Ministers face showdowns on post-Brexit green bill weeks before Cop26

Ministers face showdowns on post-Brexit green bill weeks before Cop26

Ministers face showdowns on post-Brexit green bill weeks before Cop26

Peers’ challenge to government may see it arguing for lower environmental standards at home while hosting global summit

Polluted air over London

Last modified on Sat 4 Sep 2021 18.37 EDT

Ministers are facing a fortnight of showdowns with peers over weak post-Brexit green protections just weeks before the Cop26 summit on the environment.

An alliance of crossbench and opposition peers has tabled more than 100 amendments to the environment bill in an attempt to beef up protections for nature, air quality and water standards and give the new green watchdog more powers.

With four sessions of parliamentary debate over the next two weeks, ministers may be in the position of arguing in favour of reduced domestic environmental standards while trying to claim a global leadership role before the Glasgow climate conference.

If the government is defeated, the legislation will ping-pong between the Commons and the Lords, a process that threatens to become more embarrassing for ministers the closer it gets to the November summit.

The bill, which is in its final parliamentary stages in the House of Lords, is intended to replace EU environmental regulations and will create a new Office for Environmental Protection. Several amendments will focus on trying to give the green watchdog far stronger powers than the government has planned.

It comes as Nicola Sturgeon addressed reports that No 10 was seeking to sideline her during the upcoming summit.

Responding to the leaked messages reported by the Independent, Scotland’s first minister said on Twitter: “All that matters is that Cop26 delivers an outcome to meet the Paris Agreement of limiting global warming to 1.5 degrees.

“We must work together and maximise contributions towards that. Anyone – me or PM – who allowed politics to get in way would be abdicating that responsibility.”

A year after the EU referendum, Michael Gove, then the environment secretary, pledged to deliver a “new, world-leading body to give the environment a voice and hold the powerful to account”.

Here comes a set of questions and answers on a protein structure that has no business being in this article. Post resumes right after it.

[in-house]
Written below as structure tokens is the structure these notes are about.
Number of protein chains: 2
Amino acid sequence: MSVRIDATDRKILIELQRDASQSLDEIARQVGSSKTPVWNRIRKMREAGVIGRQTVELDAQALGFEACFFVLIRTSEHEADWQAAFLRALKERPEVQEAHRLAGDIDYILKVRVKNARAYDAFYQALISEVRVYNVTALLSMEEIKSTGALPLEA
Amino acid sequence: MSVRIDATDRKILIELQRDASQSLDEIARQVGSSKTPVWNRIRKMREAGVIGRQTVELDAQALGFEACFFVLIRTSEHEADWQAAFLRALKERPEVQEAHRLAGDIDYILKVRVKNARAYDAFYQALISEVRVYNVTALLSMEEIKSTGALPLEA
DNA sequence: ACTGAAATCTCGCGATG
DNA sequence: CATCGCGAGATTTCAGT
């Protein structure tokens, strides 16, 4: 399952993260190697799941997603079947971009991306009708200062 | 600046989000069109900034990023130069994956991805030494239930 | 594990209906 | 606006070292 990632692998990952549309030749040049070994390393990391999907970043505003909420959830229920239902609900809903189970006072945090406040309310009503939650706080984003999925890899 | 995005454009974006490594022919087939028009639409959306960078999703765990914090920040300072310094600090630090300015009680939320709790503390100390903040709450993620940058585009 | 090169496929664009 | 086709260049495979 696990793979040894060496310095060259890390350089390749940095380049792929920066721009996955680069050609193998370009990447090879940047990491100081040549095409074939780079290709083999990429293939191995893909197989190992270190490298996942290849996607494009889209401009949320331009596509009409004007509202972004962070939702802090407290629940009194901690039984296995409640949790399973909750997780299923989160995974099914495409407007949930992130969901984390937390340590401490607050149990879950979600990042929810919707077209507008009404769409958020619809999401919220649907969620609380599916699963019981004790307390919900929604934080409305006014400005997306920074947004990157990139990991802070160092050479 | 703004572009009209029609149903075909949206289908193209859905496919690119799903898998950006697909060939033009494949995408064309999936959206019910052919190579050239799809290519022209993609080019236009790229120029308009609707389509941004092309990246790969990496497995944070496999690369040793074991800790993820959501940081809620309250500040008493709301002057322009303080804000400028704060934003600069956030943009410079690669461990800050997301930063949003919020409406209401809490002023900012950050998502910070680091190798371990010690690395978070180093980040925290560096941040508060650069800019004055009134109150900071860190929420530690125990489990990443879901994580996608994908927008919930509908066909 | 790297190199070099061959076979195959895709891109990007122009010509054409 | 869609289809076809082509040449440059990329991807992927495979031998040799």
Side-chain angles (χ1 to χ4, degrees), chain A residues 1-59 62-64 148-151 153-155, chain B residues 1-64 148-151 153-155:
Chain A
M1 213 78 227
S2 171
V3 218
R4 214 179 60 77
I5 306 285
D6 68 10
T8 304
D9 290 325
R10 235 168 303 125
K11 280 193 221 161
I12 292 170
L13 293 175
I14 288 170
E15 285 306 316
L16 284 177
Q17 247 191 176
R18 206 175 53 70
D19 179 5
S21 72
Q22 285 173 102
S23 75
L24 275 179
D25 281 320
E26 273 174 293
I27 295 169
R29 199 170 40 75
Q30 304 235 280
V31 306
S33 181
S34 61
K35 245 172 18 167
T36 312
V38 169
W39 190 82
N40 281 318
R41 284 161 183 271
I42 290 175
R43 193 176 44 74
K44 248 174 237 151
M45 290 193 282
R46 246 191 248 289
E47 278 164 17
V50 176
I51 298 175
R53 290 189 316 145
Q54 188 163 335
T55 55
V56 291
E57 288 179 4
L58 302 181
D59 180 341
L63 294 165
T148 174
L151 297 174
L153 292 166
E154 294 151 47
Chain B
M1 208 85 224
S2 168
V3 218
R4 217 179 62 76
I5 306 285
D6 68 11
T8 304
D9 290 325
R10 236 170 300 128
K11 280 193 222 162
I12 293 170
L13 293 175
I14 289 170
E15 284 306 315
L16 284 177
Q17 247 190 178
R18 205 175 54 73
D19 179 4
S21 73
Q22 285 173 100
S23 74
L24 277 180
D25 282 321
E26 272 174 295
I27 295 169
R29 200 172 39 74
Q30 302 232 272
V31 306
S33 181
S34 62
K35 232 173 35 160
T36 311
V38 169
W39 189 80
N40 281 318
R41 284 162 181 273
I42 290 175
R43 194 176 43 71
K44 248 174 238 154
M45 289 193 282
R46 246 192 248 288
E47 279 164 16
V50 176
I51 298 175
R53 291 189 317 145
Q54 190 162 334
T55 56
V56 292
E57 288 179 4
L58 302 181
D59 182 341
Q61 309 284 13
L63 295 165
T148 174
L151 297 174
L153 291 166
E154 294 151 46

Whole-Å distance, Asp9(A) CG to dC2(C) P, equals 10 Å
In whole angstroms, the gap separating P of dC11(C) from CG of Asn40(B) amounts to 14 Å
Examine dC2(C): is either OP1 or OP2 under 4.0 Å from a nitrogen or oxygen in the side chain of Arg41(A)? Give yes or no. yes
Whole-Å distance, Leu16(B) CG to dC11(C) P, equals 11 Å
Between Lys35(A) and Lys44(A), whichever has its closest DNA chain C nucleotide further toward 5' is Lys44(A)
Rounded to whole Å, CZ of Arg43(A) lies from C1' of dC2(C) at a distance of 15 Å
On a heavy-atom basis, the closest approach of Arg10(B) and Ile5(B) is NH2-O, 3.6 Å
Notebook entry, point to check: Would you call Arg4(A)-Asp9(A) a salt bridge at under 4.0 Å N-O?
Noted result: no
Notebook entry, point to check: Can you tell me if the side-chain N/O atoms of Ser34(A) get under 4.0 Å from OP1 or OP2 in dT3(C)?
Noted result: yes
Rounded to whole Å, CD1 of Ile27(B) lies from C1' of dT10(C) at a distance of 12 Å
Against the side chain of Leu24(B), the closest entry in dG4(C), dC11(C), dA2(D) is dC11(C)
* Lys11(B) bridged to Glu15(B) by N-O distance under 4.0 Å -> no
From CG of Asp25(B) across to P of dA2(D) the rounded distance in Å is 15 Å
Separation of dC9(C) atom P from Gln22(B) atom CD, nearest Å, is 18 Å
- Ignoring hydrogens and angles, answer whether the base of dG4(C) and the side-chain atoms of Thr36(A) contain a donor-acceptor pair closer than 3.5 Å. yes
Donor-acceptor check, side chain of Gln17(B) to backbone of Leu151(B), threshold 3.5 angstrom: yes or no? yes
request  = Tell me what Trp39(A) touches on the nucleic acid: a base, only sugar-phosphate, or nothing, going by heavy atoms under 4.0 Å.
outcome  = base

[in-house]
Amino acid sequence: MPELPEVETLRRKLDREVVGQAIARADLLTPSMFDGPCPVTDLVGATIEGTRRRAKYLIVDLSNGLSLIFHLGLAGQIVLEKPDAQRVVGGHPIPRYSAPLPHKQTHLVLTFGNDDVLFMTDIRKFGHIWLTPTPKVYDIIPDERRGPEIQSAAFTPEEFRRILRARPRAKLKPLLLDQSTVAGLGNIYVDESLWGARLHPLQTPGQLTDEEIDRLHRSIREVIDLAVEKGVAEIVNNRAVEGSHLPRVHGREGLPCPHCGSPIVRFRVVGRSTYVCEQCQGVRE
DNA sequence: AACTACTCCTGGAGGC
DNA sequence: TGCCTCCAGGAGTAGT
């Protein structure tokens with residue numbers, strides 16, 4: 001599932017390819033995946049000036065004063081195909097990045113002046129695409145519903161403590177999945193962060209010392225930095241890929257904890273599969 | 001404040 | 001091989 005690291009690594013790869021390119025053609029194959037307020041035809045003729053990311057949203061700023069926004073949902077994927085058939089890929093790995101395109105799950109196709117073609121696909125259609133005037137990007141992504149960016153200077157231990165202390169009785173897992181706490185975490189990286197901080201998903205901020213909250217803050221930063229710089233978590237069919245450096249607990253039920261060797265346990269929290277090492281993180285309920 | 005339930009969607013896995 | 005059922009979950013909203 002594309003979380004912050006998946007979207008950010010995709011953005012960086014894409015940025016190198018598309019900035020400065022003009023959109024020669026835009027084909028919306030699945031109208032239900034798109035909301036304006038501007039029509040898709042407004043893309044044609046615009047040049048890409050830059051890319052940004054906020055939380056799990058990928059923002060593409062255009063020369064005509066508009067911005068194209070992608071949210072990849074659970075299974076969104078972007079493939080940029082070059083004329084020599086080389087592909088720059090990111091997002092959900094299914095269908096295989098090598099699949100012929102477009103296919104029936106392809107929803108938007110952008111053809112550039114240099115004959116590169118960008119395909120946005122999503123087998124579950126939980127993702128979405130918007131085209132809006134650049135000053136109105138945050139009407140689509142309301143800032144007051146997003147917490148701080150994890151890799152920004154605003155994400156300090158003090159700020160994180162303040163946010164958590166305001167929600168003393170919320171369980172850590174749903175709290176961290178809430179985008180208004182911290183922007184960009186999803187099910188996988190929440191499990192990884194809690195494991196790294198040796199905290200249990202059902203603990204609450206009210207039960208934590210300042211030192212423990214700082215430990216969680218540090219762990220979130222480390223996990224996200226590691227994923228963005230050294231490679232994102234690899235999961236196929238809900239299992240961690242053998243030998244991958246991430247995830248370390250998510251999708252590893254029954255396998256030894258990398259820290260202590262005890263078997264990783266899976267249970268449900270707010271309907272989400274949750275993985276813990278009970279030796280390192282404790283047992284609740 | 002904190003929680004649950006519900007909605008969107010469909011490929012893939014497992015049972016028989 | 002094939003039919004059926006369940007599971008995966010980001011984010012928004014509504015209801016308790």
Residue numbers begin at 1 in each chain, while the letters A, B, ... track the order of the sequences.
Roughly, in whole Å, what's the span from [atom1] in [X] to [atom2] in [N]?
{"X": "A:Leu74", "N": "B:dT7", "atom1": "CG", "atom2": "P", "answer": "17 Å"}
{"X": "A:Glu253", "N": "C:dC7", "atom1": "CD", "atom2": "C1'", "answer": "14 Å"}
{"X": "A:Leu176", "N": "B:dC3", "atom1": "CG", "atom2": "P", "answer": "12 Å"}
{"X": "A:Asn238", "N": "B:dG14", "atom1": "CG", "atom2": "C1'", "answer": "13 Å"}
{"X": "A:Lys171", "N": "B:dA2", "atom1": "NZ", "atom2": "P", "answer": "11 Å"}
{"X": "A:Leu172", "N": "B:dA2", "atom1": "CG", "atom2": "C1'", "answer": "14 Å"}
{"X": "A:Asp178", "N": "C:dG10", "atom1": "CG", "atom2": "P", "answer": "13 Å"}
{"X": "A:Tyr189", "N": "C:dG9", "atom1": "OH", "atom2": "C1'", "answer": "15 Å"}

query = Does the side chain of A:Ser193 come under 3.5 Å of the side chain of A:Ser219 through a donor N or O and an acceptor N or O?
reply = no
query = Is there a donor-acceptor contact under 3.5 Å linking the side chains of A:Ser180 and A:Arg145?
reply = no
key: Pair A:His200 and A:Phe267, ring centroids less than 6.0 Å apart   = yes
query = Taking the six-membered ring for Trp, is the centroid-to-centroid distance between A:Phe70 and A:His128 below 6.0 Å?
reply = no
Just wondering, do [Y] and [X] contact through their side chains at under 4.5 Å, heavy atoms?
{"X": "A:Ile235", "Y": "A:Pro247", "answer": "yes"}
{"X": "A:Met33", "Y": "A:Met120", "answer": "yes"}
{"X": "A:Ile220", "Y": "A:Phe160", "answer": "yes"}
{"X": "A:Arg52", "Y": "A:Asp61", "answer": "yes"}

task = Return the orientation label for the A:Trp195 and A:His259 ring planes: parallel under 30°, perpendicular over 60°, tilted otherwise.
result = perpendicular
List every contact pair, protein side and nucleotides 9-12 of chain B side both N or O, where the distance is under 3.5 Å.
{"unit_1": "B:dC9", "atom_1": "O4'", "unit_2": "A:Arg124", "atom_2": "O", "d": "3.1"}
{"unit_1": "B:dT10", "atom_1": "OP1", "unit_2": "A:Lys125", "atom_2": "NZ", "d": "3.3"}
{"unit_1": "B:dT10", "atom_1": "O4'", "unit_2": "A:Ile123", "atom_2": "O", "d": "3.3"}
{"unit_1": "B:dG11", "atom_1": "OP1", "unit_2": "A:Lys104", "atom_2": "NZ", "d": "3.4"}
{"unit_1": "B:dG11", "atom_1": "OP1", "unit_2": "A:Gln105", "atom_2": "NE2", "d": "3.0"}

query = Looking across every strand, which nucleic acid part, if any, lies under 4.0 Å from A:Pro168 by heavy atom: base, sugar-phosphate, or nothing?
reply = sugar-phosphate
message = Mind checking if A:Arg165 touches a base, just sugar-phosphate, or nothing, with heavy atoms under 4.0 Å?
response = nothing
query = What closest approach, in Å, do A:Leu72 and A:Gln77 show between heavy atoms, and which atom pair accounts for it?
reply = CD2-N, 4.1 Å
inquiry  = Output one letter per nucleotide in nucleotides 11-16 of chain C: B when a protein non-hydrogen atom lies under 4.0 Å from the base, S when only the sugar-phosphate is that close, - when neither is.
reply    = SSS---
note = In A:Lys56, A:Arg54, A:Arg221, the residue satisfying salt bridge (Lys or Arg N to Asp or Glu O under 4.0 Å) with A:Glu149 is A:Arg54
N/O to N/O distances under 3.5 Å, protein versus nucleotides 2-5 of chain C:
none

Green campaigners say the OEP will be toothless compared with the European court of justice, which was instrumental in enforcing environmental protections such as cleaner bathing waters and better protection for marine life while the UK was a member.

In one of its final judgments before the UK left the EU, the court ruled that the government had “systematically and persistently” broken legal limits on air pollution, which hastens the deaths of 40,000 people a year.

But the OEP will not have any independent power to issue binding judgments or force the government to take action. It would be able to refer cases to the high court, but ministers could intervene via a process called “environmental review”, allowing them to give “guidance” to the OEP, according to Greener UK.

Ruth Chambers of the Greener UK coalition said: “The stronger the OEP is, the more chance we have of reducing air pollution and enhancing water quality.

“So instead of battling to weaken our environmental protections, ministers can use the next two weeks to improve the bill and create some positive momentum ahead of Cop26.”

Lord Krebs, the crossbench peer who is leading an amendment that will remove the ministerial “guidance power” and enhance the body’s independence over appointments and funding, said: “Without a powerful and independent watchdog to hold the government to account, if necessary through the courts, there’s no guarantee that the warm words about improving our environment will be matched by real action.

“With support from across all parties in the Lords, I’m asking the government to give the new watchdog proper independence from ministerial interference.”

Michael Gove

Lord Anderson, the crossbench peer leading efforts to increase the power of the OEP and court, said: “The OEP can take public bodies to court for breach of environmental law – but the process is byzantine and the court is barred from ordering remedies that could harm the interests of developers or landowners.

“So it’s unlikely to bother, save in exceptional cases. If the OEP is to be an effective enforcer, the courts need to be given back their teeth.”

The government has already made concessions by promising measures to set a legally binding target to halt species decline by 2030, as well as stronger planning guidance.

Beccy Speight, the chief executive of the RSPB, said she was “pleased to see that our politicians are recognising that this government must not only start the work in tackling the nature crisis but also commit future governments to action.

“We need a powerful and independent environment watchdog to see this legacy delivered.”

Boris Johnson is keen to create a “global Britain” brand after Brexit, and has claimed 2021 will see “a year of British leadership” with the 26th UN climate change conference in Glasgow in November.

The government has said that the bill will hold ministers to account, and it contains measures including legally binding targets on air pollution.

It added that the OEP would be “operationally independent” from Defra and ministers would not be able to “set its programme of activity, or improperly influence its decision-making”. It added that the OEP would have powers to take legal action in serious cases.

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